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Finding aid of the Walter R. Brookins Aviation Collection
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Photographs of the Wright glider and flyer, 1900 and 1902, and of various air meets circa 1910-circa 1912, as well as of reunions of the Early Birds, and of Walter Brookins; a loose-leaf binder containing typed transcripts of newspaper articles and book chapters concerning the Wright brothers and Brookins' career; a portfolio of photographic plates published in 1952 by the National Aerographic Society, a subsidiary of the Institute of Aeronautical History, commemorating important events in the history of flight; newspaper article, 1930, containing reminiscences of Brookins of his early days with the Wright brothers.
Walter Richard Brookins was born in Dayton, Ohio, on July 11, 1888. He first knew Orville and Wilbur Wright at the age of four, and was a student of their sister, Katherine, a school teacher. As a teenager he spent much time at the Wright brothers' bicycle shop, observing them testing their theories, and after their successful first flight the brothers promised Brookins a plane as soon as he was old enough. Brookins, along with J. W. Davis, Spencer C. Crane, Arch Hoxsey, and Arthur L. Welch, was one of the five men chosen to be trained as pilots to engage in exhibition flying for the Wright Company, and with Davis was the first to arrive at the Wright Brothers' training camp, at what is now Maxwell Field, outside Montgomery, Alabama, on March 19, 1910. Brookins was the first civilian pilot taught to fly by Orville Wright, taking to the air after two and a half hours of instruction, controlling a flight from start to finish on April 30, and flying alone for 12 minutes on May 6. On May 10, Orville Wright left Montgomery to return to Dayton, leaving Brookins in charge of training the other two students. As a member of the Wright Company's exhibition team, Brookins was under a two-year contract, receiving a basic salary of $20 a week, supplemented by $50 per day for every flying day; prize money was turned in to the company. Brookins was one of the most daring and accomplished members of the Wright team. On July 10, 1910, at Atlantic City, he became the first person to reach an altitude of one mile in an airplane, winning a $5,000 prize for the Wright Company from the Atlantic City Aero Club, and on September 29, 1911, he set an American distance record by flying 192 miles from Chicago to Springfield, IL, making two stops.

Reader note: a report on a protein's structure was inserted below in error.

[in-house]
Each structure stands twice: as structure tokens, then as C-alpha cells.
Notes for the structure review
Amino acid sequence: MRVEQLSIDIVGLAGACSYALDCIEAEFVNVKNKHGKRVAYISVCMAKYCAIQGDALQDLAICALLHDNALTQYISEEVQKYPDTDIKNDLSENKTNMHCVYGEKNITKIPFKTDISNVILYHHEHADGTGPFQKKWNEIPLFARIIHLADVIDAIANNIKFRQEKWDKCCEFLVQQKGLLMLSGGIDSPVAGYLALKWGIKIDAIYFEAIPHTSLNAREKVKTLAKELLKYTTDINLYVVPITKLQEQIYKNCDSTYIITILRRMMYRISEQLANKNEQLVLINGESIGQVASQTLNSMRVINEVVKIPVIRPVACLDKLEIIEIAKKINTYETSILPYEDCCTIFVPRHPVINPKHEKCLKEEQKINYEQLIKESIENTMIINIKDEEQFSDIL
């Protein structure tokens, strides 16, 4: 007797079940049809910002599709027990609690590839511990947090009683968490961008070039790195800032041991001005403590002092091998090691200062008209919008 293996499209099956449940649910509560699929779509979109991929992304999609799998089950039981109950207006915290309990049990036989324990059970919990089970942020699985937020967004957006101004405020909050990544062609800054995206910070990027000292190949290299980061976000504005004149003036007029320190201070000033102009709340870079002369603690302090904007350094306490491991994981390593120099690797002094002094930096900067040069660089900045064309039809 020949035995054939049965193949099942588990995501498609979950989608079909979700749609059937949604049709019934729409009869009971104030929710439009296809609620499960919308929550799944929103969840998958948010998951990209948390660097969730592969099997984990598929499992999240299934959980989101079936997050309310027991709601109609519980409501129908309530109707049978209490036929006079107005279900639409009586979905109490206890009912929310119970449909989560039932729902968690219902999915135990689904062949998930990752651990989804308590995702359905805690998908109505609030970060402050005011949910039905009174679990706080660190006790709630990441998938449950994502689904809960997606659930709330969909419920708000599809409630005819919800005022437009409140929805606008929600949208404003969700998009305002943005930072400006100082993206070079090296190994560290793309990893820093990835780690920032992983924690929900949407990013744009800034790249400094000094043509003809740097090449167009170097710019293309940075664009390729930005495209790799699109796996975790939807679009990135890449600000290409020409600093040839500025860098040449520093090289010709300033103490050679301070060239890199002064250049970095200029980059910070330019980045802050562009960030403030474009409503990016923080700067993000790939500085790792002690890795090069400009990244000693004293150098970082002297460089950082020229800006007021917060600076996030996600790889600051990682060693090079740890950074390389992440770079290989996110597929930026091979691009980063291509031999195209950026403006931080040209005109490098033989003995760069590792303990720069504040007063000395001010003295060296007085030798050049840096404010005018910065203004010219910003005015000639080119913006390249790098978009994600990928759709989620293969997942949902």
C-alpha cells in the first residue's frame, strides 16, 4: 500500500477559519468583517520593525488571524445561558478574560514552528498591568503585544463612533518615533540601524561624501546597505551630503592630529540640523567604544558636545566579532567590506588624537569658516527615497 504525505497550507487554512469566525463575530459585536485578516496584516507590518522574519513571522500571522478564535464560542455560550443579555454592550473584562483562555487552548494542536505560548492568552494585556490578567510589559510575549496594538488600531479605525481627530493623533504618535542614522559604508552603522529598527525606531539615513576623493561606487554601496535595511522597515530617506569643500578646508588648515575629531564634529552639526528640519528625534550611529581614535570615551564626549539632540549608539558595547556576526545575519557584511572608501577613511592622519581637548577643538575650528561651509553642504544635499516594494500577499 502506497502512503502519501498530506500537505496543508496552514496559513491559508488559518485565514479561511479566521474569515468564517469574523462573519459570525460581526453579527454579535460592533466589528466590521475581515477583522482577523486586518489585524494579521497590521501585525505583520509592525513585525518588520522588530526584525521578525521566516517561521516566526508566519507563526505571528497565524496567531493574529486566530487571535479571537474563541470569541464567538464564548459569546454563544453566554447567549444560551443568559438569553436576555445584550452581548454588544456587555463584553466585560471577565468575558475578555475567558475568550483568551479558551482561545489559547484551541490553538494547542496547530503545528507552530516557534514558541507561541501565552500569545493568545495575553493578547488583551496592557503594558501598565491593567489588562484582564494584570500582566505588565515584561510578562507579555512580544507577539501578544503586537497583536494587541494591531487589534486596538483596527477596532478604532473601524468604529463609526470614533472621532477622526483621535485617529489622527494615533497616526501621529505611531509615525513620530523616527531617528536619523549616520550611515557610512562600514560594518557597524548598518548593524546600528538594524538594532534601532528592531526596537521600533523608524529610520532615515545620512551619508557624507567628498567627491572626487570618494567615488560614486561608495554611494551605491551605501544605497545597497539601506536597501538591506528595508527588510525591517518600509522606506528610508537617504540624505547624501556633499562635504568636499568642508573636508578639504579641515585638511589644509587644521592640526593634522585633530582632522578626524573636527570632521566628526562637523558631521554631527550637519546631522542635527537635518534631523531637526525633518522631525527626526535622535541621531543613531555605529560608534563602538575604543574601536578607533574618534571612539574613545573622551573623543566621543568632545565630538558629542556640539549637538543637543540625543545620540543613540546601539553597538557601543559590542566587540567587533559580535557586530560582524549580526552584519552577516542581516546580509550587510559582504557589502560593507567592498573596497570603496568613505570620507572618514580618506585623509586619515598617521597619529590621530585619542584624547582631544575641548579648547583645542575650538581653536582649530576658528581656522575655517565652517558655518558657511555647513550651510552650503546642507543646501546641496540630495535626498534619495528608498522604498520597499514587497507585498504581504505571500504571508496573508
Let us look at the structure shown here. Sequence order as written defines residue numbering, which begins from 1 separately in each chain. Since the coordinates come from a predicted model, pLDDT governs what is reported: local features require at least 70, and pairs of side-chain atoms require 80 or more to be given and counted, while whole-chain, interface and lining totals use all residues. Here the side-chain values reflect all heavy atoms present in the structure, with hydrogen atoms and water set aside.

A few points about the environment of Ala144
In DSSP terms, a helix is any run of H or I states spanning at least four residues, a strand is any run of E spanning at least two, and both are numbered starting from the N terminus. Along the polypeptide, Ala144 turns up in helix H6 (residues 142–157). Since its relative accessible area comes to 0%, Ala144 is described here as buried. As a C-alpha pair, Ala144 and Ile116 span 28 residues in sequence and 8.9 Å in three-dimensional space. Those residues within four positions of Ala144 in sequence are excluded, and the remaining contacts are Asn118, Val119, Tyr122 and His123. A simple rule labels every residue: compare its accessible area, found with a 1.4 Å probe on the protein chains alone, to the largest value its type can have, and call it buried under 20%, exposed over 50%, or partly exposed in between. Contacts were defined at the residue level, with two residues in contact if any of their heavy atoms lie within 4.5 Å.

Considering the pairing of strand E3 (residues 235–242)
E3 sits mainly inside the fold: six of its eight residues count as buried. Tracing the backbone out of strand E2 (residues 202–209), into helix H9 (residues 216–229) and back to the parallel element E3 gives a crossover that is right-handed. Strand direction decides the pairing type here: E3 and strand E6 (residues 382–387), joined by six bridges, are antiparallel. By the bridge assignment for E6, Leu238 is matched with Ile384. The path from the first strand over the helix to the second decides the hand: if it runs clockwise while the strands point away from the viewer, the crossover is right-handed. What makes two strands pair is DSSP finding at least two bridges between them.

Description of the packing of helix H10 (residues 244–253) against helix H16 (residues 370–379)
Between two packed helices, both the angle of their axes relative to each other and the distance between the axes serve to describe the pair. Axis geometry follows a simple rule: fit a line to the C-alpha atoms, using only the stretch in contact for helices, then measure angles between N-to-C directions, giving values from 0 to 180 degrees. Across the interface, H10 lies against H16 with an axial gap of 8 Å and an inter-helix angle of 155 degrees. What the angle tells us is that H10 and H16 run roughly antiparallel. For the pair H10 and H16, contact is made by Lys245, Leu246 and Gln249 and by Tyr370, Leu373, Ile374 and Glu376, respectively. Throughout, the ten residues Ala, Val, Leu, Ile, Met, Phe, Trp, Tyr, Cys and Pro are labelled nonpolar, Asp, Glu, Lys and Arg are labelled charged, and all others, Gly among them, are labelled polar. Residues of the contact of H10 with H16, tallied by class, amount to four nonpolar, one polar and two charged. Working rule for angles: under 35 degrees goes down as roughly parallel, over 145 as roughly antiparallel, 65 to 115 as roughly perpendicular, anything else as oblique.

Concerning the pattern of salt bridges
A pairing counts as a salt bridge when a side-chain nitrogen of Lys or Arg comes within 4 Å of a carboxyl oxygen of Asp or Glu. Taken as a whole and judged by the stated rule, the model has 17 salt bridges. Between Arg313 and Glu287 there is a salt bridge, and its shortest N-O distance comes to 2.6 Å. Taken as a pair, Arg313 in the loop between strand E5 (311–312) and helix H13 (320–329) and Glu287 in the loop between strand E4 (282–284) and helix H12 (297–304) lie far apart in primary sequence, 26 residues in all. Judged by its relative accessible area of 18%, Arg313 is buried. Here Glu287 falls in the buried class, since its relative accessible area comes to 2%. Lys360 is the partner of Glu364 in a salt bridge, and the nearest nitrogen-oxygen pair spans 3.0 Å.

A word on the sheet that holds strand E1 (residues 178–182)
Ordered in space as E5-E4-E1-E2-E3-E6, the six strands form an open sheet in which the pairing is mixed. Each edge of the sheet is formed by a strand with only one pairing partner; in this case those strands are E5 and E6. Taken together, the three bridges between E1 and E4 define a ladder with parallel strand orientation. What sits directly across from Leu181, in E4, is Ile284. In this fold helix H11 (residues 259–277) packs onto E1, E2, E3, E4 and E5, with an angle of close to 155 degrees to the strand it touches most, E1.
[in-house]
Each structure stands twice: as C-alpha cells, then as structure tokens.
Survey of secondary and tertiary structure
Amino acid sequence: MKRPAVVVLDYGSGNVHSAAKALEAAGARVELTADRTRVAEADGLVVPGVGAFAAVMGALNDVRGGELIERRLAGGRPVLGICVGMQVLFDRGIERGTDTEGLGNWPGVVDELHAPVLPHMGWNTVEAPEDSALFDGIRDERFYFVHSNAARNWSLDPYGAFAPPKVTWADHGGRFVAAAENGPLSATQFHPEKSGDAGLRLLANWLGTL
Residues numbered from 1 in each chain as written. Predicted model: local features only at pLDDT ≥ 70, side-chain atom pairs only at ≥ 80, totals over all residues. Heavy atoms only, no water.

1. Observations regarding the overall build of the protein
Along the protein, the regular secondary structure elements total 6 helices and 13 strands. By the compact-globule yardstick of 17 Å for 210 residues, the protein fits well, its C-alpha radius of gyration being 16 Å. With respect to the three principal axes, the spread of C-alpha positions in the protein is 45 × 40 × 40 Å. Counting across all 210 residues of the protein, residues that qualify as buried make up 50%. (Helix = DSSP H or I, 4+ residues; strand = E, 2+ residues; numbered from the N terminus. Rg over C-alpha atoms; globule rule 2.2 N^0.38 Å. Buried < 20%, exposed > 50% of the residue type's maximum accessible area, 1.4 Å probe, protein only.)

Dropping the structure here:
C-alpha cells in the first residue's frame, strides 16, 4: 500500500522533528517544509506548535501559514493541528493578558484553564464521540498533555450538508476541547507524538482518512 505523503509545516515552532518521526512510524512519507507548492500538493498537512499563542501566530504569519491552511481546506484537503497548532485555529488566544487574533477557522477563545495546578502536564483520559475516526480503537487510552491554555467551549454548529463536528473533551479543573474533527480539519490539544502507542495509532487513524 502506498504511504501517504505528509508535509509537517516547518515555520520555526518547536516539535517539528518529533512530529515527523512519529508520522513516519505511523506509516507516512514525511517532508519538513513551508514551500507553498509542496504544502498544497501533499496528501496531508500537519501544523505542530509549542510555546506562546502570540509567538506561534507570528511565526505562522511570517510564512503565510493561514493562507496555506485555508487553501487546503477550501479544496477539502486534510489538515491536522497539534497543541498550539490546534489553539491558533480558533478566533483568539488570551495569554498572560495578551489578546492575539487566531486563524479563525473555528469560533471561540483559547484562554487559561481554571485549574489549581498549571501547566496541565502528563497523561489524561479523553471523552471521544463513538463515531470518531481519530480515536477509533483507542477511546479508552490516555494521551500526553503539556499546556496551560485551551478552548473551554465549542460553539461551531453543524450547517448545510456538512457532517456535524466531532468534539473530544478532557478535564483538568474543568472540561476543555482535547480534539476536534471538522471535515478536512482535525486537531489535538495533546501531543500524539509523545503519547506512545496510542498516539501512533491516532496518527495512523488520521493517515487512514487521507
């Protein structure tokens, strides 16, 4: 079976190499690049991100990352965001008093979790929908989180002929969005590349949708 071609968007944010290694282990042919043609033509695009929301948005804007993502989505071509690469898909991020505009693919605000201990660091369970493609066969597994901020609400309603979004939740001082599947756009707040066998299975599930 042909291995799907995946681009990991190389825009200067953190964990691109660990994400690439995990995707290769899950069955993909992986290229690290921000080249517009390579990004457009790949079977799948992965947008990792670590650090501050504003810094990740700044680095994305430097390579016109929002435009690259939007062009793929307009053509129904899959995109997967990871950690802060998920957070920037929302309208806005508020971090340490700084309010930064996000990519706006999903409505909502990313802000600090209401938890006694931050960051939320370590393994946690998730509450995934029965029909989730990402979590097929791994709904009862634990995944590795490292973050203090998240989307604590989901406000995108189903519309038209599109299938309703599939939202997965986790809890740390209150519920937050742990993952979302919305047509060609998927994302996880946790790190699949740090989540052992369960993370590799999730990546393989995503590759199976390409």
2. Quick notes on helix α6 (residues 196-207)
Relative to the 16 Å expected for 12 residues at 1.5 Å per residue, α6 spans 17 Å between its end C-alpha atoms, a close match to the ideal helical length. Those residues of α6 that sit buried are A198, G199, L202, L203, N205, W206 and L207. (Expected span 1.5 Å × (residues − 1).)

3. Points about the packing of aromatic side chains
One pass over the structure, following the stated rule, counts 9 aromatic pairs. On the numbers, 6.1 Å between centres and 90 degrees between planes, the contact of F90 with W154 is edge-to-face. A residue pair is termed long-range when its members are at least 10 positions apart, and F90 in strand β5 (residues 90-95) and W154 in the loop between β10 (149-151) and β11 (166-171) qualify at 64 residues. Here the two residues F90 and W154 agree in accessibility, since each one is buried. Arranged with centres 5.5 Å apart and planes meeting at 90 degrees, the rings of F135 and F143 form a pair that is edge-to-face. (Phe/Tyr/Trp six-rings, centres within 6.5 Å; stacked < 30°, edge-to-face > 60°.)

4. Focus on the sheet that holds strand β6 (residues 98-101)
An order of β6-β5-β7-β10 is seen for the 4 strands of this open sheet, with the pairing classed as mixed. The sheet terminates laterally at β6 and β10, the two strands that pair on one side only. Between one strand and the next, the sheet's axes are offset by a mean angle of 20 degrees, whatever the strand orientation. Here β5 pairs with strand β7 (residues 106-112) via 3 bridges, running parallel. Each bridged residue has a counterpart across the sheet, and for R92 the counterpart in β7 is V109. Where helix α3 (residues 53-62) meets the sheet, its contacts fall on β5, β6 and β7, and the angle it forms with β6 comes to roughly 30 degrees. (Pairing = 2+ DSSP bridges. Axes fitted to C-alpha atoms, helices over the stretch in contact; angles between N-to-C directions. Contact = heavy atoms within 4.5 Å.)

1 archives half-carton (0.2 linear foot).
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Collection open for research.